Nationwide statistics underscorethe need to raise awareness around the dangerous problem of dog bites, and to educate the public about what can be done to prevent them. According to the American Veterinary Association and Centers for Disease Control and Prevention, more than 4.7 million Americans suffer from dog bites each year. The severity of the bites varies, but over 800,000 people are injured seriously enough each year to require medical attention. On average, 12 people die annually due to mortal wounds.
While these numbers are both staggering and alarming, some of the most surprising facts may be that 61 percent of dog bites occur within pet owners' homes, and 43 percent of all dog bites involve children being bitten by the family dog. As such, parents can lower these high incidence rates simply by learning some basic guidelines that will help their children avoid getting bitten by their own dogs.
For example, under no circumstances should a baby or child be left alone with a dog, and young children should never walk or feed the dog unsupervised. Parents should never allow a young child to discipline their dog, pull on the dog's collar or play aggressive games with them. What parents should do is teach their dog to be respectful and respond to verbal commands.
To help reduce the number of dog bite incidents involving children by teaching them to make the right decisions around strange and familiar dogs and treat all dogs with care and respect, Bark Busters Home Dog Training has created the Bach & Buster Buddy Dog Safety Program. Visit BarkBustersBuddy.org, where your kids can find fun, interactive activities and take a Dog Safety Quiz; after passing the quiz, your child will become an official Bach & Buster Buddy club member and receive a personalized, printable certificate.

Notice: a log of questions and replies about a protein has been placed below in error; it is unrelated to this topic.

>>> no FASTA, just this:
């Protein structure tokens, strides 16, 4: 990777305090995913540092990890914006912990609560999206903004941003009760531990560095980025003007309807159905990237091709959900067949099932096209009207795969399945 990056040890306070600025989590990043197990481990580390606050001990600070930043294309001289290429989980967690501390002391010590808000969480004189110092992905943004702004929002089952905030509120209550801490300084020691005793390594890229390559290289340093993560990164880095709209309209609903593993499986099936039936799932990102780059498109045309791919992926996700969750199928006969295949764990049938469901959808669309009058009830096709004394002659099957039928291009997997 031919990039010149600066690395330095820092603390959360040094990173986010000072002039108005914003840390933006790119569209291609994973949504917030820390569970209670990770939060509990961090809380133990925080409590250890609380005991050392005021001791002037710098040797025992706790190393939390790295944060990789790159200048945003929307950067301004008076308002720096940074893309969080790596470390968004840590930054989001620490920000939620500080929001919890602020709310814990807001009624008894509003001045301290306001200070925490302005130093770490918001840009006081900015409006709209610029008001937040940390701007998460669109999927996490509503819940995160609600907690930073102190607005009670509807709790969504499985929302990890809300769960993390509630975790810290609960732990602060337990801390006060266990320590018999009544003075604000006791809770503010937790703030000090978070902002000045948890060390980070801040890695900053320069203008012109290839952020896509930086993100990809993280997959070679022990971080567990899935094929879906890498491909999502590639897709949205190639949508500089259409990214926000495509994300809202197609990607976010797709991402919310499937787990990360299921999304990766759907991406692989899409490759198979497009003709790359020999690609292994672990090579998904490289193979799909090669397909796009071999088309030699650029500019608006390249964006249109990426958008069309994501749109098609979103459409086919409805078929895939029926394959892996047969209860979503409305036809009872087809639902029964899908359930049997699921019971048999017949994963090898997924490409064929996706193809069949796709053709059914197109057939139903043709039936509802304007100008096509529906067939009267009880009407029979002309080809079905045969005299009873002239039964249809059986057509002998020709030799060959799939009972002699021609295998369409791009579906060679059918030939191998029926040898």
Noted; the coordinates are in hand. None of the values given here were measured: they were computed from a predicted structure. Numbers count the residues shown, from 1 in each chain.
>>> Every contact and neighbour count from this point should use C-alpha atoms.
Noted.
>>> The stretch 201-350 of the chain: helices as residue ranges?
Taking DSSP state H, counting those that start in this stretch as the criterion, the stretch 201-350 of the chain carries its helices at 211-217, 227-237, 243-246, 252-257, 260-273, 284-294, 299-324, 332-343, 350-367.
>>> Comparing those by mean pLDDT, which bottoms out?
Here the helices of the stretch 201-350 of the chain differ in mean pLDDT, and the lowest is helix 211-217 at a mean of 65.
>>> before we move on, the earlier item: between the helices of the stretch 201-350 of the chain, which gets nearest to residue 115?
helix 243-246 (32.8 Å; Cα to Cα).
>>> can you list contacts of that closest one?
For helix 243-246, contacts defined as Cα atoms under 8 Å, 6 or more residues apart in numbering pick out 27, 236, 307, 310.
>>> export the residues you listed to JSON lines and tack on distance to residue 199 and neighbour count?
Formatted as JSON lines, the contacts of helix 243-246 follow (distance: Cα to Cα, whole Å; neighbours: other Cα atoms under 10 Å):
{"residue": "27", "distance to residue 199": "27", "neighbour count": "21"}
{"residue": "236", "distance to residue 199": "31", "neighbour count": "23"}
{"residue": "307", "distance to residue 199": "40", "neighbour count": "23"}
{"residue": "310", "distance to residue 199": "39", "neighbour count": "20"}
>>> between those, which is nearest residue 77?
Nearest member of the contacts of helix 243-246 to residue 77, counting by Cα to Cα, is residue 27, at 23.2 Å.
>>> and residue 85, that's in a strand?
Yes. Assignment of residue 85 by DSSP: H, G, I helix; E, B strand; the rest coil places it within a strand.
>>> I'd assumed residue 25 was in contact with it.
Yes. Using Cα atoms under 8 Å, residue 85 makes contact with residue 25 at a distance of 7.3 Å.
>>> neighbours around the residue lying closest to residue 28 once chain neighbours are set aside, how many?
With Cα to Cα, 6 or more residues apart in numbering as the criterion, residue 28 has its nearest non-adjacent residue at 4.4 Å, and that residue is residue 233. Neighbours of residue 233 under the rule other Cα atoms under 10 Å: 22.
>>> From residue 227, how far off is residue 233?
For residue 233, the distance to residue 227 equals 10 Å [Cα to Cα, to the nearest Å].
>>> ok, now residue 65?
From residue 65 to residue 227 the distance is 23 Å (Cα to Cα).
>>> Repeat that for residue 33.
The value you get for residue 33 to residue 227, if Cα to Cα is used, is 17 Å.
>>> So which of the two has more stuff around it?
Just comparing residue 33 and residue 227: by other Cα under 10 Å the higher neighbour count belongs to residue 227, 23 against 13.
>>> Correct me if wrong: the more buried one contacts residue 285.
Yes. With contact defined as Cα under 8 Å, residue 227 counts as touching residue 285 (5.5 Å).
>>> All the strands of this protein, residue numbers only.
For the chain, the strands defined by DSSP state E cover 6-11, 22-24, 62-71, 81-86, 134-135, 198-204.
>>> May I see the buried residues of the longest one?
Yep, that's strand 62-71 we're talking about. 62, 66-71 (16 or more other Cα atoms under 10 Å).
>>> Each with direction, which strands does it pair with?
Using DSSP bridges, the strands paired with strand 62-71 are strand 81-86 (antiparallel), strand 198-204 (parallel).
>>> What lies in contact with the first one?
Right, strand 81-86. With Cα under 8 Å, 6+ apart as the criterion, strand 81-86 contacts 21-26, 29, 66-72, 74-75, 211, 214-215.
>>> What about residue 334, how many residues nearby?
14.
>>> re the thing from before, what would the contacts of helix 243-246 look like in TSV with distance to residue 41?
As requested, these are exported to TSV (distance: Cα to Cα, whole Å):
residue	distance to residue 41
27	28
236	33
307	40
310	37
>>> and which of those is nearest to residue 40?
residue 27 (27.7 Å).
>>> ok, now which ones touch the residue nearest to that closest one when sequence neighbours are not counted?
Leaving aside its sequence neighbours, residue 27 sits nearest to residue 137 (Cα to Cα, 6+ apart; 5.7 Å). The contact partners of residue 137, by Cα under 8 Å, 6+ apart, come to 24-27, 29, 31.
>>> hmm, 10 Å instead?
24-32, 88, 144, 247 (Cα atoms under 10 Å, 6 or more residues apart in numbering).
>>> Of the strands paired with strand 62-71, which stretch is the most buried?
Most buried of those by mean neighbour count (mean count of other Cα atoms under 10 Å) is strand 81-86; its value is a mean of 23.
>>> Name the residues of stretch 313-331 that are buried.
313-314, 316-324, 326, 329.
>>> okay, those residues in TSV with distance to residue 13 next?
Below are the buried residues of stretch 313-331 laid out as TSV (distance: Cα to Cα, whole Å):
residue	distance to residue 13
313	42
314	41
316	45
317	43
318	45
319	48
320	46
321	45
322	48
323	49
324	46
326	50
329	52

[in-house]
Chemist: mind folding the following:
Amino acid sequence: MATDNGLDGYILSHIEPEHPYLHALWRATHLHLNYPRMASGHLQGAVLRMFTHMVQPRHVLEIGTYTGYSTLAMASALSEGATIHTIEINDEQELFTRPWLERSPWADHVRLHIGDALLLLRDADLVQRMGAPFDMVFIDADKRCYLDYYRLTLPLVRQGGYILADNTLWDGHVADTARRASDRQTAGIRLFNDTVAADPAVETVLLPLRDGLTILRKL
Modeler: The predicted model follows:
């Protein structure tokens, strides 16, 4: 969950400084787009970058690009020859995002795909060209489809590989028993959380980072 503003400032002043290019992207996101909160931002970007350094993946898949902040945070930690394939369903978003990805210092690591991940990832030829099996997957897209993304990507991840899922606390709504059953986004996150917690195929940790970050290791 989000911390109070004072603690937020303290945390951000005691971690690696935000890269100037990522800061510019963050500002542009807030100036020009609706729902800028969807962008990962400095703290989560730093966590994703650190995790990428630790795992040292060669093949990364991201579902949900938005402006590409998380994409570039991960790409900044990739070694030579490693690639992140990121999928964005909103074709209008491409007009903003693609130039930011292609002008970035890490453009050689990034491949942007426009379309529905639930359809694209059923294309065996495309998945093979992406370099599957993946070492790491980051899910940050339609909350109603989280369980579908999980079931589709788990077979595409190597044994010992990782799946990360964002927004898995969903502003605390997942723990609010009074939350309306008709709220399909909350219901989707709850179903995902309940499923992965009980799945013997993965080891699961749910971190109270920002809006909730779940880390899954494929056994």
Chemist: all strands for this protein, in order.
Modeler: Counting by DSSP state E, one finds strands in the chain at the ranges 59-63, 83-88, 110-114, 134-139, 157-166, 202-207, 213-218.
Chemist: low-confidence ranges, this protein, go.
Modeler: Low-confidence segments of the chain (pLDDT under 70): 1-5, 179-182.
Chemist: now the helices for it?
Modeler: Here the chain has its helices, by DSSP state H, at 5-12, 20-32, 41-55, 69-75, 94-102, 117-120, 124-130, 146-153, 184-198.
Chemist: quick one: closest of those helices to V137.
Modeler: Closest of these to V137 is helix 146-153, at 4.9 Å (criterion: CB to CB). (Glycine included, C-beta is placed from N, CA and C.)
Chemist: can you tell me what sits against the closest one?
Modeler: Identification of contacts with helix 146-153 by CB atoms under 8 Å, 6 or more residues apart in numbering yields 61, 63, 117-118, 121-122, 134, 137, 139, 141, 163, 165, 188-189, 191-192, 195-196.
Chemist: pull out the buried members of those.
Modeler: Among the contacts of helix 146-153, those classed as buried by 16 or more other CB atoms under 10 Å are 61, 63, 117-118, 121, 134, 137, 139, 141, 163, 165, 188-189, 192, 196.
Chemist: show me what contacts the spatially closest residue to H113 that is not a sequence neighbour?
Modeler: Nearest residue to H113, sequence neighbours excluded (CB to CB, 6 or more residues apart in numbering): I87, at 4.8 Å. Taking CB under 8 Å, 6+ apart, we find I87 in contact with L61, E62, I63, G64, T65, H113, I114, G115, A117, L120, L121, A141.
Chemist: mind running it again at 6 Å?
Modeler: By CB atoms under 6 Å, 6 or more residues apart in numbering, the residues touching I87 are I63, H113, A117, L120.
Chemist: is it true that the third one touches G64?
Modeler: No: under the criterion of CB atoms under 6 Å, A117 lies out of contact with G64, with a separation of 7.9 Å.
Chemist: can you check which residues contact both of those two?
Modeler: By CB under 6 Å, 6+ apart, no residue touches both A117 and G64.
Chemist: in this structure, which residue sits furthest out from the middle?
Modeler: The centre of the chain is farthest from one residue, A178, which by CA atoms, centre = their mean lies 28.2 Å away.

Of course, dog bites are not restricted to children. The following tips can help reduce the chances of adults being attacked by an approaching dog:
--Don't try to make friends with a dog.
--Stand still, stand tall and don't move a muscle until the dog loses interest in you--don't try to run away.
--Allow the dog to smell you but don't put your hand out--let the dog come close to you on his own terms.
--Face the dog at all times but don't make eye contact with the dog or stare--it can be perceived as a sign of aggression.
--Back away slowly, watching the dog from the corner of your eye.
--If the dog knocks you down, roll up into a fetal position with your arms covering your head and neck and play dead--don't fight back.
Dogs can be wonderful, loving companions. To keep yourself and your dog happy and safe, act responsibly. By following the above tips, you can help reduce the risk of your dog biting others, or getting bit by a strange dog yourself.